Software updates, a.k.a. patches, are designed to fix flaws or make improvements to the code; they address security vulnerabilities, performance issues, reliability concerns, and so forth. Unfortunately, sometimes in the process of making changes to plug a security hole or make some feature work better, an update causes new problems.
It seems as if we’ve been seeing more and more of that recently. Microsoft has had a string of bad luck when it comes to patch problems, to the point where it has become almost routine for them to revoke and re-issue patches a few days or weeks after release because of reported problems. Some users found themselves dealing with the negative consequences of updates in June, August, September and October. We were hoping that the last slate of patches for 2014 might escape this fate, but no such luck.
A week after the release of the December updates, a number of computer users have reported problems caused by installing various patches on certain operating systems and software configurations.
On December 12, Microsoft revoked the patch for Exchange Server 2010 that had been issued three days earlier, and then issued a new version. This was KB 2986475, the Exchange Server 2010 SP3 update rollup 8. Some of those who installed the original version found that Outlook was no longer able to connect to the Exchange Server – a serious problem given that so many companies use Outlook as their email client. Exchange Server 2007 and 2013 updates didn’t have the same effect.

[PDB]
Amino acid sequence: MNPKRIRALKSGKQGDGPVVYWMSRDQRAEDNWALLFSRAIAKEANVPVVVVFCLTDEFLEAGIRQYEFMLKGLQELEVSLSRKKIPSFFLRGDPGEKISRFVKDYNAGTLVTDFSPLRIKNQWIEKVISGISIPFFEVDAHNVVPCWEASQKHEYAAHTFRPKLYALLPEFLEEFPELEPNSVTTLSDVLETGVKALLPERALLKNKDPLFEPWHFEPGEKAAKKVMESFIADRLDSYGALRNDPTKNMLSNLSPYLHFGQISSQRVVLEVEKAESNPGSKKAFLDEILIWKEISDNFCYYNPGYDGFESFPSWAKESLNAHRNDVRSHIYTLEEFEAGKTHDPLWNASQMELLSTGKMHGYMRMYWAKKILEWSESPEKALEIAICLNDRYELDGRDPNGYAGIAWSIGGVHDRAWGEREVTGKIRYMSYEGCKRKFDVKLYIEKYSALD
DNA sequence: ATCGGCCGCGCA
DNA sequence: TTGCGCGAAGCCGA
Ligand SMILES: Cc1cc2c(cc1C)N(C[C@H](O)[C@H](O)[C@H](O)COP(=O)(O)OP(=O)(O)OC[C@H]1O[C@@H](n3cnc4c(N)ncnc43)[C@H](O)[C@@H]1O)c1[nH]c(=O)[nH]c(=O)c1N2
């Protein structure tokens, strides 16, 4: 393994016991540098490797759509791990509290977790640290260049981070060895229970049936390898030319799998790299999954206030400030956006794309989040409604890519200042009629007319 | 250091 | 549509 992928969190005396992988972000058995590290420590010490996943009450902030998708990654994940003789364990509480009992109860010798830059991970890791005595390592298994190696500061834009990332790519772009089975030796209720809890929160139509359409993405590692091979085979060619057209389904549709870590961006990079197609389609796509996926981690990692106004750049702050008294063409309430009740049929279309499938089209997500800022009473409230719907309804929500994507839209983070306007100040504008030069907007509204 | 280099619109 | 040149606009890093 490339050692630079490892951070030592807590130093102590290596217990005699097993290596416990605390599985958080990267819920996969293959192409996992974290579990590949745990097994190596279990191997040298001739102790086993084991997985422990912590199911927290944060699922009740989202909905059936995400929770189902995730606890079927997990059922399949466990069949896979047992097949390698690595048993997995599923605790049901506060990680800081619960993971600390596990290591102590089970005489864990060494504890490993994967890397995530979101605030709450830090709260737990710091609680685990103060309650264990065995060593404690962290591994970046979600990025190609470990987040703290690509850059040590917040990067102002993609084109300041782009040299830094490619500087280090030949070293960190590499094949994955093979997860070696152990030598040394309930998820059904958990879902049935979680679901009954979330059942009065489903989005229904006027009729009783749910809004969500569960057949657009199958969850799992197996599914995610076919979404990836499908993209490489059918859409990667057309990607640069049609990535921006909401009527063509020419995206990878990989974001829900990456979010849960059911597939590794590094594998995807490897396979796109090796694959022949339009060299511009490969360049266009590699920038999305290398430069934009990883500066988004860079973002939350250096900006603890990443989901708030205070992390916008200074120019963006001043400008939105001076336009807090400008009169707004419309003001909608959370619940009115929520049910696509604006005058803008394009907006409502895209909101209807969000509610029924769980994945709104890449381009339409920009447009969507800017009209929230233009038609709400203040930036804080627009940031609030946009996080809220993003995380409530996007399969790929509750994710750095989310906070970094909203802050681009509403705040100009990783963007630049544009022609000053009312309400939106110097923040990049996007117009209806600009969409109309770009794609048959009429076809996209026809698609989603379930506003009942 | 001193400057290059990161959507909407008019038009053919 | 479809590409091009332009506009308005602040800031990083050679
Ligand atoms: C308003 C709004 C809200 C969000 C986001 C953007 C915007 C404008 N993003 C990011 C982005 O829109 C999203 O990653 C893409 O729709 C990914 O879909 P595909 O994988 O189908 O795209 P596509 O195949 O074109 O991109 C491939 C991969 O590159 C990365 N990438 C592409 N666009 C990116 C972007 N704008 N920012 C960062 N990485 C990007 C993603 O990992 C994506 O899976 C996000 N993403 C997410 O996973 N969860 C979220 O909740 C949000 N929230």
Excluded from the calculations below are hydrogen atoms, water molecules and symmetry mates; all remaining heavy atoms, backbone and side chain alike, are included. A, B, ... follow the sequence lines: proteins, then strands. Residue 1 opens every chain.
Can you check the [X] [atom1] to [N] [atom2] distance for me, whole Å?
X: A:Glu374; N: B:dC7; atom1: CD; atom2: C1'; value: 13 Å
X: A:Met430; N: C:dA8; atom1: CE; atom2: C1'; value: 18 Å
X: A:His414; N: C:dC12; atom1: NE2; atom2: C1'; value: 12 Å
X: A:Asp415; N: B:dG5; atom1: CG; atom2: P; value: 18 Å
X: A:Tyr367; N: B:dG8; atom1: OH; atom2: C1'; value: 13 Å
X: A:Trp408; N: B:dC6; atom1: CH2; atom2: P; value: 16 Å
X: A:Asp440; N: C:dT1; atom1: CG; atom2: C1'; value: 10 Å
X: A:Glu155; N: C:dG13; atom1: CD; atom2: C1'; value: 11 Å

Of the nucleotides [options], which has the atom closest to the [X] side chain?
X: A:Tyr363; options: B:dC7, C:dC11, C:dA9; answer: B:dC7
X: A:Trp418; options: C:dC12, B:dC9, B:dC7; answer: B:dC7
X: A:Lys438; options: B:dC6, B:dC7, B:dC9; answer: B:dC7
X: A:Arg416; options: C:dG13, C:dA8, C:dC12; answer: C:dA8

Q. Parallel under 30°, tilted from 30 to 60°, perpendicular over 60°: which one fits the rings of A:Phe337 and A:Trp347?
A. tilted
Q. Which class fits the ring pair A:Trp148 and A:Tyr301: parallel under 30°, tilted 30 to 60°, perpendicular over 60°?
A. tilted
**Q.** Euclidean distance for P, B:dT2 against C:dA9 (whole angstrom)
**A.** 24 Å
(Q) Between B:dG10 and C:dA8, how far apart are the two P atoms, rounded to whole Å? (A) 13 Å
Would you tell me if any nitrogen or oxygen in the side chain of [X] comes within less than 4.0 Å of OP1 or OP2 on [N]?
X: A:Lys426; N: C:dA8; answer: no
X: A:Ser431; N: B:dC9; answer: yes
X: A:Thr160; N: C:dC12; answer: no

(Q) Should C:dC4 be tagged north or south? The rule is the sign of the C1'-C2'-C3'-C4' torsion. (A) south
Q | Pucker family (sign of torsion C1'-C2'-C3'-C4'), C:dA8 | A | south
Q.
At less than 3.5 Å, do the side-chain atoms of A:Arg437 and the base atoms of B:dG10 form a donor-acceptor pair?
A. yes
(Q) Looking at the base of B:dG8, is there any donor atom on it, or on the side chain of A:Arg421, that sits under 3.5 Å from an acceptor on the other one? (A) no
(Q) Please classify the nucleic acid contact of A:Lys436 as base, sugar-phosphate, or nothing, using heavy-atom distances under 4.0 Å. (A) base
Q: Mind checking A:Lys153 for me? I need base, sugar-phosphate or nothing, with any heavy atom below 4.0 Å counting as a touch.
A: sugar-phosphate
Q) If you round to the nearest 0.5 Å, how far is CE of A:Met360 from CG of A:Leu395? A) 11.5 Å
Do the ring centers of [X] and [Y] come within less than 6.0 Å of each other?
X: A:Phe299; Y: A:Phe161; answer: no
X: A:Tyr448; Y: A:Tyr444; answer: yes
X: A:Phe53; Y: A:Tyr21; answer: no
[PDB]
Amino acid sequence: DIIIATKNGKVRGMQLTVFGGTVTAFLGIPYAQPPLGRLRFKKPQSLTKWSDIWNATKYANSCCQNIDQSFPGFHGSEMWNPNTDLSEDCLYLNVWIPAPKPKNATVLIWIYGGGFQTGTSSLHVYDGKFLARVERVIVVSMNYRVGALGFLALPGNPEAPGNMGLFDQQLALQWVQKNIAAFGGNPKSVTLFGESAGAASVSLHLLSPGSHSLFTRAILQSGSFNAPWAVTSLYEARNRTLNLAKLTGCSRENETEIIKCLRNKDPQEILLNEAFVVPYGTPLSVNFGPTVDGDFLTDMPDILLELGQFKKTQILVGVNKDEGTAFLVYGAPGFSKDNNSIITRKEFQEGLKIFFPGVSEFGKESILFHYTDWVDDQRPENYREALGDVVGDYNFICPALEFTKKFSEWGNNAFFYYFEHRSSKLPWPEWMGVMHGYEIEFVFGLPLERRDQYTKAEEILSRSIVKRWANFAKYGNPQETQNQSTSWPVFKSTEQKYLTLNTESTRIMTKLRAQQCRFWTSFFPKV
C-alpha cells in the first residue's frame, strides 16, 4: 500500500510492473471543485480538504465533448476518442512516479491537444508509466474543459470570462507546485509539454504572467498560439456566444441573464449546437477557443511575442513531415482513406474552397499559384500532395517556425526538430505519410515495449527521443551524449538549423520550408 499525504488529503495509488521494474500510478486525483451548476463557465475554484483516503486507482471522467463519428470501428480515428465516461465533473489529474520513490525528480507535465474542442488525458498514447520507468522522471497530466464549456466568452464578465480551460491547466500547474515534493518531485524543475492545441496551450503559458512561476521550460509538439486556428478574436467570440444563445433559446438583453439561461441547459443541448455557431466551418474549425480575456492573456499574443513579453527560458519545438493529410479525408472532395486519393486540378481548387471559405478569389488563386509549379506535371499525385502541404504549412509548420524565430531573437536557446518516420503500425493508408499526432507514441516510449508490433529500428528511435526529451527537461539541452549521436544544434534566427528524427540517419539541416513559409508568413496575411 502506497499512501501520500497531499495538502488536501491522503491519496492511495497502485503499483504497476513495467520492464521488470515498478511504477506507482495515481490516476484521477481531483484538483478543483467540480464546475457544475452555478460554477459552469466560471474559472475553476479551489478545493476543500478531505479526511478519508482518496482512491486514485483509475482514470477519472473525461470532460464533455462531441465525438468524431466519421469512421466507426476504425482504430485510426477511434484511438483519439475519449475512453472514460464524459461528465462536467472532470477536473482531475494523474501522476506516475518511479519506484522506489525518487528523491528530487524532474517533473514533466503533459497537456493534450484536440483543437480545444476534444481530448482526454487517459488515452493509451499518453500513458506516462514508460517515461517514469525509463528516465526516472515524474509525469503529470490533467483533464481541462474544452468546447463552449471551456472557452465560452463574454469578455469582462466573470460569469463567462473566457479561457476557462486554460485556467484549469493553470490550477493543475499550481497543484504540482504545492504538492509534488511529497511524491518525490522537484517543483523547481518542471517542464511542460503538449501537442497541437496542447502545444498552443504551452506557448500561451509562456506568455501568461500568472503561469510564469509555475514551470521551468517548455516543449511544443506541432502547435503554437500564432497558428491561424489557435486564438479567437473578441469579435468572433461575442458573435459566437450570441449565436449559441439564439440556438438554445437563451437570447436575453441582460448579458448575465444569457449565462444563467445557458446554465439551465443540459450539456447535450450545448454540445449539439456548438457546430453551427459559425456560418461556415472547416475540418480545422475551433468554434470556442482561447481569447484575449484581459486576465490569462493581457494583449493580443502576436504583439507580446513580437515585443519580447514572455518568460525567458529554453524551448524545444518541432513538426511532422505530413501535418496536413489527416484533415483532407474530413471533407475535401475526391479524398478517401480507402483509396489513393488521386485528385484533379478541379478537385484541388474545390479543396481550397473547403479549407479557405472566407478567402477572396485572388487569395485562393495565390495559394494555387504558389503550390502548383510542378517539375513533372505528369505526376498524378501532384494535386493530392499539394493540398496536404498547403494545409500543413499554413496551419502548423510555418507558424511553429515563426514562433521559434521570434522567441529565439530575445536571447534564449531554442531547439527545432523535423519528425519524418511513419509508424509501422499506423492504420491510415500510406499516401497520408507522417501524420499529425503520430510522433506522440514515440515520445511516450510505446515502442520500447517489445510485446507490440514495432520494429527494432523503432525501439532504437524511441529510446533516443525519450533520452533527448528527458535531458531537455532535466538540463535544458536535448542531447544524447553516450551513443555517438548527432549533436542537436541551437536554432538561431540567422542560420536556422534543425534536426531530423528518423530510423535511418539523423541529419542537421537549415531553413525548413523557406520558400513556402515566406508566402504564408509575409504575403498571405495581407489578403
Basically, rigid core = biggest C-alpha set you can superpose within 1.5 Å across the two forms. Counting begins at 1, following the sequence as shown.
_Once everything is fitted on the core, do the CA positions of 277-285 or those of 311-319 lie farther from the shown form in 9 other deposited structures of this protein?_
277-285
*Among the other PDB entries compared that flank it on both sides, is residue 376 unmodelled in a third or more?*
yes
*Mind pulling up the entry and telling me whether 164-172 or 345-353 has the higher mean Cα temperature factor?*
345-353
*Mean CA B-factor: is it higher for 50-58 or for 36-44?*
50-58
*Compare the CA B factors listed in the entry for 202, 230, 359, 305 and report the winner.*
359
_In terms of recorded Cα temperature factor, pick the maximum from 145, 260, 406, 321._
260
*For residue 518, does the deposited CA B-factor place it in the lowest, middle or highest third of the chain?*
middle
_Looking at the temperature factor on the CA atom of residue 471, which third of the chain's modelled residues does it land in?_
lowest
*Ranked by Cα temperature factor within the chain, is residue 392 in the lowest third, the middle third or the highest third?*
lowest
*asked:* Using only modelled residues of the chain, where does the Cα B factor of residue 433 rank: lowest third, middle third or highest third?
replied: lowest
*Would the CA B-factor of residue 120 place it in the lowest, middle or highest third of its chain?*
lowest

KB 3004394 is another December update that has been the cause of unintended consequences. This update was intended to improve the updating of root certificates in Windows. When applied to Windows 7 SP1 and Windows Server 2008 R2 SP1, it can prevent the computers from being able to install any subsequent updates. The update hasn’t been reported to cause any problems for other operating systems. Microsoft has issued a fix for the fix, KB 3024777.
The next trouble-making December update was KB2553154, a security update for Microsoft Office 2010 that was designed to fix a security vulnerability by which an attacker could remotely execute code by persuading a user to open a specially crafted file. Two days after its release, Microsoft announced that the update could disable ActiveX controls, which might or might not be a desirable thing depending on your situation. After installing the update, you might get one of various error messages. The company announced a workaround for the problem that it published in KB 3025036, which involves deleting cached versions of the control type libraries (extender files).
There have also been reports here and there about IE 9 crashes, following the installation of this month’s cumulative update for IE. This “known issue” is described in KB 3008923.
Software vendors are under pressure to get updates out as quickly as possible, especially when they involve security vulnerabilities that could be discovered and exploited before a fix is available. That may result in a less thorough testing period than would occur otherwise. Because there are so many different software combinations and configurations that are running on so many different hardware setups, it’s impossible to replicate every possible hardware/software system in the testing process, so it’s inevitable that some code will slip through that causes problems on some systems.
It’s not a good thing, though, when users and IT professionals have to wonder every month whether it’s safe to install the updates, or whether they’re better off taking the risk and delaying while someone else serves as the “guinea pig,” to avoid the down time and aggravation that go along with a fix that ends up having to be fixed.